Putin’s Approval Ratings Fall Back to ‘Pre-Crimea’ Level


Putin’s Approval Ratings Fall Back to ‘Pre-Crimea’ Level

The number of Russians who “fully trust” President Vladimir Putin dropped by 10 percentage points over the last year, according to a new survey conducted by the Levada Center.

At this time in 2015, 83 percent of Russians said they “fully trust” the president. The new survey conducted over several weeks in February and March says the level has now fallen to 73 percent.

Levada Center deputy chief Alexei Grazhdankina says this means Putin’s approval rating is back at “pre-Crimea” levels, a reference to the time before Putin annexed the Crimean Peninsula from Ukraine in March 2014. However, the current rate is “still much higher than it was at the end of 2013,” Grazhdankina said.

The number of Russians who expressed sympathy for Mr. Putin also declined by 7 percentage points, while the number professing to feel “indifferent” toward him rose from 10 to 15 percent. The number of those who are “wary” of him climbed from 5 to 8 percent.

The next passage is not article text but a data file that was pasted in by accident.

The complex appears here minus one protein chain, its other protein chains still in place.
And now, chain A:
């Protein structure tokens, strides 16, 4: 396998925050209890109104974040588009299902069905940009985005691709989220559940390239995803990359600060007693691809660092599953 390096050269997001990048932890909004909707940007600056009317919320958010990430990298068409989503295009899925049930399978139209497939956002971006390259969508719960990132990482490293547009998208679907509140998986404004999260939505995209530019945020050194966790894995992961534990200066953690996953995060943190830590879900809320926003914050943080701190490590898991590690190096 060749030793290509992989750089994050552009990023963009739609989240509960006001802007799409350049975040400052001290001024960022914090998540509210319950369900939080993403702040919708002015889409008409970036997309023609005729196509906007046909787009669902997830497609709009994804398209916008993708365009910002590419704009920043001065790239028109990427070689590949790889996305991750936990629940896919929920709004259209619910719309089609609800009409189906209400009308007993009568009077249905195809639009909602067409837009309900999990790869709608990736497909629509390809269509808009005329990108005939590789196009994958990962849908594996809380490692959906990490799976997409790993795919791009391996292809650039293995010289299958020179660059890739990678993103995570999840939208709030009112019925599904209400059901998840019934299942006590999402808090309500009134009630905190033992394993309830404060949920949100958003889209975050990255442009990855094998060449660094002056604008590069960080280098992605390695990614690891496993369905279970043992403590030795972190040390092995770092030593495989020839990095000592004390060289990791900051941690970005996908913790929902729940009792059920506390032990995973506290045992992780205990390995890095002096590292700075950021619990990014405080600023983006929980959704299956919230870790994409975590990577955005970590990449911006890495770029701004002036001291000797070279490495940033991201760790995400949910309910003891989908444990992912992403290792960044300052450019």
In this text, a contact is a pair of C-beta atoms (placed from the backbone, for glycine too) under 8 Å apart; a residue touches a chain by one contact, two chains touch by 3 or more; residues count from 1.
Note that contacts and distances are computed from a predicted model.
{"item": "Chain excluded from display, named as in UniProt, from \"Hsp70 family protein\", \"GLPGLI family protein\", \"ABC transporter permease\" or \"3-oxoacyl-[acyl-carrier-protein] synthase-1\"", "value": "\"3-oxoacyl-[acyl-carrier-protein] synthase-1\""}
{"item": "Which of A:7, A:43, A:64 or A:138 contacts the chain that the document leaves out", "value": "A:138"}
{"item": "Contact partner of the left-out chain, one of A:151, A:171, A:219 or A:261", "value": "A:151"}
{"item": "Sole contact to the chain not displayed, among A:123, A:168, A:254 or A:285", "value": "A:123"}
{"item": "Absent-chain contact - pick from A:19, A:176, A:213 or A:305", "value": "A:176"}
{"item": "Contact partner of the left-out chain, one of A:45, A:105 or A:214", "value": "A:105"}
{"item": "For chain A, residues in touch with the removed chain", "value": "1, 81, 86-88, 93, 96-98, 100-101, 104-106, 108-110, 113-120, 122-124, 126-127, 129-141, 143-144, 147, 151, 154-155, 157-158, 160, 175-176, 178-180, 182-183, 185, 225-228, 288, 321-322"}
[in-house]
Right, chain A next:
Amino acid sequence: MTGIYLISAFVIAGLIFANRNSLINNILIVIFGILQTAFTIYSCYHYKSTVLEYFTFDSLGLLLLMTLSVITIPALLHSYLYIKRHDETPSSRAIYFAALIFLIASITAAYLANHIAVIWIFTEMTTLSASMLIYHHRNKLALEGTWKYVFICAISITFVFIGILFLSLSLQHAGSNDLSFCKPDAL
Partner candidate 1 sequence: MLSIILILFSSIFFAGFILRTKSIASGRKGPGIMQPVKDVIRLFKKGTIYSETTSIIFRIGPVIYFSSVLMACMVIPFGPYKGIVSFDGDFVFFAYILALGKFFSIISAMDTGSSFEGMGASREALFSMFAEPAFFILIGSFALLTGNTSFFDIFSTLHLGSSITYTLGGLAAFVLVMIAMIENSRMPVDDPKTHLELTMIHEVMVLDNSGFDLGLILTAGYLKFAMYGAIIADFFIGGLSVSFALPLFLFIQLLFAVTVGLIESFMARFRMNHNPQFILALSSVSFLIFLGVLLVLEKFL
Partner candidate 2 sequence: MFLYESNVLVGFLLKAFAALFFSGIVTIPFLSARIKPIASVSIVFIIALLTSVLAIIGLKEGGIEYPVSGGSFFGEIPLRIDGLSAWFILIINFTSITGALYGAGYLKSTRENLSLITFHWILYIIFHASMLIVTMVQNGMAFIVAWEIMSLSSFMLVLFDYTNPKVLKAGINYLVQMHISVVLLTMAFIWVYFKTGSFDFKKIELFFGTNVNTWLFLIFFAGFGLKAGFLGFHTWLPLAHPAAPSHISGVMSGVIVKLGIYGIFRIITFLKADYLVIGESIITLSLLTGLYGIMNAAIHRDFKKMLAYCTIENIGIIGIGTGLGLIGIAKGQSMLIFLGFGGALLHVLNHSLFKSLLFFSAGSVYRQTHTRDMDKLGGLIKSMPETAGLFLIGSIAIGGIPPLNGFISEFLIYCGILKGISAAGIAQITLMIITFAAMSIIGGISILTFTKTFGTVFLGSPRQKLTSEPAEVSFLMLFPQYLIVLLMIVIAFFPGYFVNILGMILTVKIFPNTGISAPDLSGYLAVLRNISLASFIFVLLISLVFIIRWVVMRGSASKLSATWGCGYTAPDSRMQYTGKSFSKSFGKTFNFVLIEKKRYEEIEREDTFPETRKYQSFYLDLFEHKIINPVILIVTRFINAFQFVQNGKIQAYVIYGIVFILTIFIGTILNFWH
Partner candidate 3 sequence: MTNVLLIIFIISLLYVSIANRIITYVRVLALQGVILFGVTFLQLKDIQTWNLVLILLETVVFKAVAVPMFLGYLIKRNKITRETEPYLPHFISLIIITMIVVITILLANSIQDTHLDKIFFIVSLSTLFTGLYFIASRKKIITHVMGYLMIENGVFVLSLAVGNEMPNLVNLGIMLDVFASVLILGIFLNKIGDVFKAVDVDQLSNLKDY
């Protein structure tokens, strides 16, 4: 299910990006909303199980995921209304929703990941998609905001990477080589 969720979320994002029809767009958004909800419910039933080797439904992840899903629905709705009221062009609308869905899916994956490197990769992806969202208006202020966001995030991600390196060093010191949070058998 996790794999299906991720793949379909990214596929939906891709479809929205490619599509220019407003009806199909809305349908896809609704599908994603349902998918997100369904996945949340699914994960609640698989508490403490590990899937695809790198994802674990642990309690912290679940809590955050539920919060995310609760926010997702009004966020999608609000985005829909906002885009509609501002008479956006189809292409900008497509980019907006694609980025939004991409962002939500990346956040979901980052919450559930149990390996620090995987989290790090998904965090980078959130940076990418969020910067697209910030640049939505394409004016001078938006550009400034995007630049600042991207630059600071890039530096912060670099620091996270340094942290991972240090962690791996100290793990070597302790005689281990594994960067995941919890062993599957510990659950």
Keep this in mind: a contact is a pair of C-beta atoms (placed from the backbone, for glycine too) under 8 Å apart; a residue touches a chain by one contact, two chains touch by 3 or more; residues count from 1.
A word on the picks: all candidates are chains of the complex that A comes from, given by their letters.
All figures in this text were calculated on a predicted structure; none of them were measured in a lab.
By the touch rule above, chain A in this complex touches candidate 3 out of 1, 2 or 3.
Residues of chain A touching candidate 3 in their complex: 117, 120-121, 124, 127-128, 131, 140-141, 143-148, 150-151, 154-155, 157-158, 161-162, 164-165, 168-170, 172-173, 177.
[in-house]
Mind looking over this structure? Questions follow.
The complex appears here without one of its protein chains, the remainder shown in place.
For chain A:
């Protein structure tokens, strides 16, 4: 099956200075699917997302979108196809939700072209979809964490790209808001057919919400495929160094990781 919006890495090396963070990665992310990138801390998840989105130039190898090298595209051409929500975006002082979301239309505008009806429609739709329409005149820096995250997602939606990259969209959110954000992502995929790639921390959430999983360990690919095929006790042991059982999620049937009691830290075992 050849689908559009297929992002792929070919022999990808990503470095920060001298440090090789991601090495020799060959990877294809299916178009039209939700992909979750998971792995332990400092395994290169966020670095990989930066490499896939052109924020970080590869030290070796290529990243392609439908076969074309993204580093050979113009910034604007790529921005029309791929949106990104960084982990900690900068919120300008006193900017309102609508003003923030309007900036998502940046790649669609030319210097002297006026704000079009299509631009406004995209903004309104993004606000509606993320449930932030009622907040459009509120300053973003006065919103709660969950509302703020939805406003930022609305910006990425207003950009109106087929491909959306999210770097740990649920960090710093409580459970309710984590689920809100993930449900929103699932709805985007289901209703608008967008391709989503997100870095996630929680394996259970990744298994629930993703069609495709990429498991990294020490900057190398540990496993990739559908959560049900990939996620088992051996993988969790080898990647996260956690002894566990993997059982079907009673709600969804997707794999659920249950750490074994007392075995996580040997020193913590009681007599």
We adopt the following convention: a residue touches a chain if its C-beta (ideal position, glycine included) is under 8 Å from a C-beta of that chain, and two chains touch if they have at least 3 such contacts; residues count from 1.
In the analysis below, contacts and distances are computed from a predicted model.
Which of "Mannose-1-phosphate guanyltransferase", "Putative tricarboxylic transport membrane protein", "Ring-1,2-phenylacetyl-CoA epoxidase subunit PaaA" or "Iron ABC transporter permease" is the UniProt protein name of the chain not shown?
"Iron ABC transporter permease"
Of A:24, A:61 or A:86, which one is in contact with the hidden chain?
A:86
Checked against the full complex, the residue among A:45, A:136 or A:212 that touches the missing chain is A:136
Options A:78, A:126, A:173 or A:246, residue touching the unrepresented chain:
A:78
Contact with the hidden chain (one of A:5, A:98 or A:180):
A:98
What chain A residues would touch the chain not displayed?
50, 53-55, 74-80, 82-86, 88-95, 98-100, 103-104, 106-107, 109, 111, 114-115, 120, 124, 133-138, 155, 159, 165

Most Russians view Putin’s intervention in the Syrian conflict favorably. Yet the economic hardships they are suffering at home are too significant to be entirely outweighed by excitement over Russian adventurism and Putin’s bold foreign policy.

Even still, his popularity remains sky-high by Western standards. A separate Levada poll conducted last month showed that 65 percent of Russians would like Putin to serve another presidential term after his current term ends in 2018. “Election year is approaching,” Grazhdankin said, “and no real, viable opponents have emerged.”